“When you put it in your leader’s hands good things happen,” said Rams coach Sean McVay. “I think Matthew has played his best ball as of late in those biggest moments, and I think guys are playing well around him.”


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The Rams bet all of their chips on Stafford, surrendering a pair of future first-round picks and a 2021 third-rounder to swap QBs with the Lions, who took back fallen star Jared Goff. Where some saw a quarterback who perennially came up short, McVay and Rams general manager Les Snead saw their missing puzzle piece.

He could elevate them, and they had the pieces to elevate him.

Now, Stafford is on the precipice of joining Trent Dilfer (2000 season) and Brady last season as the only QBs to win a Super Bowl in their first season with a new team.

Stafford, who expressed a soft spot for Detroit all week, is savoring this moment and the broken road he traveled to reach it.

“I probably bring a little bit of a unique perspective to this team when it comes to that kind of stuff,” said Stafford. “It’s unbelievable what Sean has been able to do since he got here, taking the team to the Super Bowl and playoff runs every single year.

“I obviously didn’t have that at the beginning of my career, but at the same time, it has made me the player that I am, the teammate that I am. I’m definitely appreciative for the opportunity. I know that they are extremely few and far between and tough to come by.”

Stafford has some Drew Bledsoe vibes.

He’s the fastest QB in NFL history to 50,000 yards and will absorb big hits and throw it until his arm falls off. He can take your breath away with a throw one minute and then make you hold it the next with another.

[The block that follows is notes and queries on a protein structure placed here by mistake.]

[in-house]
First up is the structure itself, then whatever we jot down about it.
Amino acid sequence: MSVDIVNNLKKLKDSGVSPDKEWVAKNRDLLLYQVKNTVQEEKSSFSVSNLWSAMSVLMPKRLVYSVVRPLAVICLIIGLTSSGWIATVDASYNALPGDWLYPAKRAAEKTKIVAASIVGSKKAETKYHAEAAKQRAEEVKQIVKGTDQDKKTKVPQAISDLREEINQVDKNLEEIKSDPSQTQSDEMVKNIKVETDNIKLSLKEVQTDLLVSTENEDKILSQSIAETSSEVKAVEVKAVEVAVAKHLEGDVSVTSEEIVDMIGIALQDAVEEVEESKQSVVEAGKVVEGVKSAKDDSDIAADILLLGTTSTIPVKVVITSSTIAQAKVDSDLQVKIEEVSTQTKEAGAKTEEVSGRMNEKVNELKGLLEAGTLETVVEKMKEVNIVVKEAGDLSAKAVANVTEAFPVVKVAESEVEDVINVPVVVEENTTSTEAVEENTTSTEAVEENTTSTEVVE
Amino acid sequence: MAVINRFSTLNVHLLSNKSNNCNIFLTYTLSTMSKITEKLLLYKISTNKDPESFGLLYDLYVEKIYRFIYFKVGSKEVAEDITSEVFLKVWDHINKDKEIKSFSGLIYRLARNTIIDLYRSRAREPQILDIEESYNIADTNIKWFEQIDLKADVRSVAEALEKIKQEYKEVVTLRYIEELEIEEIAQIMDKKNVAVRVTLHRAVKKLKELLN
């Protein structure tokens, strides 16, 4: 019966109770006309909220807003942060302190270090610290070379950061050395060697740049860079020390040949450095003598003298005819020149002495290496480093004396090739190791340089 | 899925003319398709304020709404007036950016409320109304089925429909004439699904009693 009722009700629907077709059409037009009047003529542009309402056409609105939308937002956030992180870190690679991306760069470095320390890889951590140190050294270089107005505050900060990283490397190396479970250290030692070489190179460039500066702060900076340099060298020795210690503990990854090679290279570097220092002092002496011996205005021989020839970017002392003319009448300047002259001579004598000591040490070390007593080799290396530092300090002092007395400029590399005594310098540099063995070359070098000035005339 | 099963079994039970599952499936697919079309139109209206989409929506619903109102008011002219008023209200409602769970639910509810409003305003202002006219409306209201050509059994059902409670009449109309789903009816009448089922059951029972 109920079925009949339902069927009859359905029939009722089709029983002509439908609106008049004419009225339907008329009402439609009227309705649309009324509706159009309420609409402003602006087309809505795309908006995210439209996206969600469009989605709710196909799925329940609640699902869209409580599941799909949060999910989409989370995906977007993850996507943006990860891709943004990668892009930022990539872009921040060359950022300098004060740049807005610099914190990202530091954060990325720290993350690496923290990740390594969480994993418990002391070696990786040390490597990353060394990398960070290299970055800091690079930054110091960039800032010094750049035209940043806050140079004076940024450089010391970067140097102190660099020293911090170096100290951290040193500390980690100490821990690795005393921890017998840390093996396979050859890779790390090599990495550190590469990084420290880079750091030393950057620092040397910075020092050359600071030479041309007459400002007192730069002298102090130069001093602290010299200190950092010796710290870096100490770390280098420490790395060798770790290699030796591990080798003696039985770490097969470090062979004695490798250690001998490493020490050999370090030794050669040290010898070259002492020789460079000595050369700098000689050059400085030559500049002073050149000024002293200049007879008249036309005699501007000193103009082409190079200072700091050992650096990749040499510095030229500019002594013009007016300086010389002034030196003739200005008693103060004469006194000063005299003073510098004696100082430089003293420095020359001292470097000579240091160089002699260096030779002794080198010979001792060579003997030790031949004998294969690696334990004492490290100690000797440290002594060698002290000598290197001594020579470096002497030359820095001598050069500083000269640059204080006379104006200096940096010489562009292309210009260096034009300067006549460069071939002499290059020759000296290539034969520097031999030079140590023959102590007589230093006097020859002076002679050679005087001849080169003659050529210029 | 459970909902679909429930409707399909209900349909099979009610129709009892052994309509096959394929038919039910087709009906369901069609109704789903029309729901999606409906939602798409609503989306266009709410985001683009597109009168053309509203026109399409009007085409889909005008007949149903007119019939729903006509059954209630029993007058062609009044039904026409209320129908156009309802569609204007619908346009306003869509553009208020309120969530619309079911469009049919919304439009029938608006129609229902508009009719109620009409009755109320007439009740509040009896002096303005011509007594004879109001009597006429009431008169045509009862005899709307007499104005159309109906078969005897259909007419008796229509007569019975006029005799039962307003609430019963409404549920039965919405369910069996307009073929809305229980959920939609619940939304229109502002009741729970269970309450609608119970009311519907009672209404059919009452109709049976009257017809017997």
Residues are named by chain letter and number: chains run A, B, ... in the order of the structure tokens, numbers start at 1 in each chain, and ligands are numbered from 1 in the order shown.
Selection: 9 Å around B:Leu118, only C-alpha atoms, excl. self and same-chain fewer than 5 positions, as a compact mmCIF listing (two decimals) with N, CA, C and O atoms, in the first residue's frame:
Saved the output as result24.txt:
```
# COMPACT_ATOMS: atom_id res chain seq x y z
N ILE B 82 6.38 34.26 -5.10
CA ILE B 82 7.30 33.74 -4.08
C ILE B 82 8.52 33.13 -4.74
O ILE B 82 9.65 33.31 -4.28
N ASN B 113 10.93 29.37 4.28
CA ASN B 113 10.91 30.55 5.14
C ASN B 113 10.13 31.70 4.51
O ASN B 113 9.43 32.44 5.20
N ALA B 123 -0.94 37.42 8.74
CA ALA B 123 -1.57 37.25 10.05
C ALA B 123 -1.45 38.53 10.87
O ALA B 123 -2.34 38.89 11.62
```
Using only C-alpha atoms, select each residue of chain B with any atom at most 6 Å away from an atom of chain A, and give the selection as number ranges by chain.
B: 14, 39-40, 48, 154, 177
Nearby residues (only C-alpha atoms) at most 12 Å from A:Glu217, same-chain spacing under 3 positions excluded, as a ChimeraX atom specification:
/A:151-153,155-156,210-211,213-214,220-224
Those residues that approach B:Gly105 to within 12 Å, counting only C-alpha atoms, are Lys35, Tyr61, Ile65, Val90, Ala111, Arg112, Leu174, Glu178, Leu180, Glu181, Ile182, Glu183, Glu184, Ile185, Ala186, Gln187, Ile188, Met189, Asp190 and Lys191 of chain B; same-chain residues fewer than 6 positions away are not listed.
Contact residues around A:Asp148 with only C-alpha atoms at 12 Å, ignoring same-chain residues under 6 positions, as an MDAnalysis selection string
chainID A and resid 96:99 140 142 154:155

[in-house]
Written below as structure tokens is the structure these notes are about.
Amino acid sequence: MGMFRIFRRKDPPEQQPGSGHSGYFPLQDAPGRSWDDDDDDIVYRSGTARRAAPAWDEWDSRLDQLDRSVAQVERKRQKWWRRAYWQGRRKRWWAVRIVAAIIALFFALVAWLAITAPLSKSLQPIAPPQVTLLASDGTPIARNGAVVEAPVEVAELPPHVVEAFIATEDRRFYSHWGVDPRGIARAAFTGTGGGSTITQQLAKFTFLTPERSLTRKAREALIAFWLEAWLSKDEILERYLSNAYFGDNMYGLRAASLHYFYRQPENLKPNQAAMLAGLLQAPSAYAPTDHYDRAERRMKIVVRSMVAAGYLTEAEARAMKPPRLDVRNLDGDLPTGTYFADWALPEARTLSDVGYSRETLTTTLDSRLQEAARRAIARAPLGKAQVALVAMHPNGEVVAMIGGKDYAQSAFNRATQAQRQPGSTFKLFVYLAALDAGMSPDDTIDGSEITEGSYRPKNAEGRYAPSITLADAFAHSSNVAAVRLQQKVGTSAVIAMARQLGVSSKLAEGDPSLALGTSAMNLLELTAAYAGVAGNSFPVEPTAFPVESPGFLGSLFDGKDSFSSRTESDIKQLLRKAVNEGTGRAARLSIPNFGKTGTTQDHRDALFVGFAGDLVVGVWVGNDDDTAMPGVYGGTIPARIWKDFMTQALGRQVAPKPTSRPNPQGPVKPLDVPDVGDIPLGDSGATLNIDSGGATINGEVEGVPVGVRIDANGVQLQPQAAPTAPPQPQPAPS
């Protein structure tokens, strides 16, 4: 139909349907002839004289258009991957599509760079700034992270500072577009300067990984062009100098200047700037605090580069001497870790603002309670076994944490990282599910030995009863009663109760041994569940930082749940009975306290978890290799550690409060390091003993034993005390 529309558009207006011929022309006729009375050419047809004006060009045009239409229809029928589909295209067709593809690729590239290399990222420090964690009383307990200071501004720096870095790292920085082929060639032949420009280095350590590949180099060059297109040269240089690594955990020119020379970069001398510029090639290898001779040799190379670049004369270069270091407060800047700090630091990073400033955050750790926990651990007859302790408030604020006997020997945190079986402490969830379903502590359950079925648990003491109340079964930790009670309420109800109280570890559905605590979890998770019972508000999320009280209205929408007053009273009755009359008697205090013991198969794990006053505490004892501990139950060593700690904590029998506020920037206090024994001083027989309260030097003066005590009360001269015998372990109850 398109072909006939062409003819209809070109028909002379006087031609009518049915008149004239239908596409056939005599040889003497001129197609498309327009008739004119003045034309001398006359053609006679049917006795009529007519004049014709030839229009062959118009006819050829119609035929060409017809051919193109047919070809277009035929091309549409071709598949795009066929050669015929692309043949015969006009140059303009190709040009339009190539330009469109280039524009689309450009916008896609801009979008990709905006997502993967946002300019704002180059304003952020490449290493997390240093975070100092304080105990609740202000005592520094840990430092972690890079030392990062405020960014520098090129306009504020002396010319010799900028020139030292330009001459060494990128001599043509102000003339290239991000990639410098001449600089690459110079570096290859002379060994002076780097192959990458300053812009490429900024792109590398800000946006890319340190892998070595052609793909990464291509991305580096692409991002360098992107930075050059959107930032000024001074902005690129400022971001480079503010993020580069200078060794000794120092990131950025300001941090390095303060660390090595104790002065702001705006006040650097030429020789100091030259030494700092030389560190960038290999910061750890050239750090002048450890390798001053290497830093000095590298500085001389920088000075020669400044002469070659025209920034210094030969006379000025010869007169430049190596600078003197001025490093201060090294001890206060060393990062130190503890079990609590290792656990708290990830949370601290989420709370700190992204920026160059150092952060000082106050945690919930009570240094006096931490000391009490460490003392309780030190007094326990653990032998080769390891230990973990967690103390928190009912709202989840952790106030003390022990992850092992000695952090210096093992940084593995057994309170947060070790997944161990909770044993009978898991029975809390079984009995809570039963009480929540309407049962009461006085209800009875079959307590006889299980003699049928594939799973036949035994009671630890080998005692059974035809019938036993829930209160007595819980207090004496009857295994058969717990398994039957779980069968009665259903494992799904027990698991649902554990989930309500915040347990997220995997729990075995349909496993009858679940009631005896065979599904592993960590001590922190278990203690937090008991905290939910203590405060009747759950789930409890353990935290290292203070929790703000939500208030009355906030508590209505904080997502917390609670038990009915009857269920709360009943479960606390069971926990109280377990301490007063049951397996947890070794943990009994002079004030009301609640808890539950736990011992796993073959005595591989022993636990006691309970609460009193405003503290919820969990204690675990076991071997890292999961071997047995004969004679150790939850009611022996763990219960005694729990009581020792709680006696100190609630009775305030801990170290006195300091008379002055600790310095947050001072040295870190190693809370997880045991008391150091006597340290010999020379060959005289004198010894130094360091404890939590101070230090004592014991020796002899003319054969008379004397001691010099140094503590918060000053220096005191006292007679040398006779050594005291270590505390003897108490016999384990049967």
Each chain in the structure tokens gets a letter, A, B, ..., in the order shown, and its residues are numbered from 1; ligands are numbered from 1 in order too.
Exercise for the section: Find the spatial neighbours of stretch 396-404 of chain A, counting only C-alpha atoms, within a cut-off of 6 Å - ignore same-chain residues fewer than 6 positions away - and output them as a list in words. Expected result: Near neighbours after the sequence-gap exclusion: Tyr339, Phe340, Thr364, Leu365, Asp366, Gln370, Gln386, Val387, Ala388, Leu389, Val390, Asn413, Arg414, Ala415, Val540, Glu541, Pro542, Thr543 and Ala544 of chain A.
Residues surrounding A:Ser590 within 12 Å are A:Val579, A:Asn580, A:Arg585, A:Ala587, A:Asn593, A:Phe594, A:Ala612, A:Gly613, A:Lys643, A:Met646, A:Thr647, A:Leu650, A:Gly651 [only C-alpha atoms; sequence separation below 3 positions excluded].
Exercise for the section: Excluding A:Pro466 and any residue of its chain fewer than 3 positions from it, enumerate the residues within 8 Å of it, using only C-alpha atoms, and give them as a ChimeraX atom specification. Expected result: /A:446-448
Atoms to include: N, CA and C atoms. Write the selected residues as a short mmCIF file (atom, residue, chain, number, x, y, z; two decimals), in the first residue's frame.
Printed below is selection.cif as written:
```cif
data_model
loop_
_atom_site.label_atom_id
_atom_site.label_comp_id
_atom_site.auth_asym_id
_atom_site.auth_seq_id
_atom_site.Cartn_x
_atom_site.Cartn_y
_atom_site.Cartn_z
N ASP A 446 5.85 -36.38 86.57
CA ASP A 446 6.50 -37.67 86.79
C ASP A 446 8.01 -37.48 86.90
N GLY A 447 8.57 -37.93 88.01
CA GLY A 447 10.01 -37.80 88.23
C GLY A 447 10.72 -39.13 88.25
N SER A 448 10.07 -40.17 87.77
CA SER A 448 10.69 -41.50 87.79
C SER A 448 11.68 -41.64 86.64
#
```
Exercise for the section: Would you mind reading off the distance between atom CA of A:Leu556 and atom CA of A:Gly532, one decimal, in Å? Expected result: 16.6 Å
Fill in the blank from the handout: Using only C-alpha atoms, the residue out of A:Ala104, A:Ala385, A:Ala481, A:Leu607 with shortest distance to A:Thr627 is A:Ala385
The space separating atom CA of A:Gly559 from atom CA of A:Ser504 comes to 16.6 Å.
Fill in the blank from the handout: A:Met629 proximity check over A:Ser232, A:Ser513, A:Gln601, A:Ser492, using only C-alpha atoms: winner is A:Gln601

His 19 turnovers this season tied for second in the league, only rookie Trevor Lawrence registered more. Stafford tied his career-high with those 41 TD tosses, fueled by sublime chemistry with Rams receiver Cooper Kupp, but he also tied Lawrence for the NFL lead in interceptions (17).

Since he entered the league, no quarterback has authored more game-winning drives than Stafford’s 43. No quarterback this season was statistically better against the blitz. The Texas native has thrown two touchdown passes in every game this postseason. He can join Brady, Joe Flacco, and Kurt Warner as the only QBs to toss two or more TD passes in four games in a single postseason.

Still, there remains the fear that under pressure Stafford could revert to his Lions-dom on the biggest stage of his career.

Before the game-winning drive against the Buccaneers, McVay looked petrified of Stafford as LA squandered a 27-3 lead.

The fourth-quarter comeback in the NFC title game never happens if San Francisco safety Jaquiski Tartt doesn’t drop an easy interception with 9:47 left on a deep pass from Stafford that looked like a punt waiting to be fair caught.

To borrow a line from another admired Detroit performer, Eminem, will the real Matthew Stafford please stand up.

Stafford’s offensive coordinator is former Patriots quarterback Kevin O’Connell. He gets the scrutiny that comes along with Stafford’s position. If the weight of the defining moment of Stafford’s career is burdening him, O’Connell hasn’t seen it.

“He’s so comfortable in his skin. He’s so comfortable being Matthew Stafford,” said O’Connell “I’m so excited for him to have this opportunity on Sunday. We wouldn’t want anybody else leading us out there.”

Stafford is one win away from getting his Hollywood ending and his due.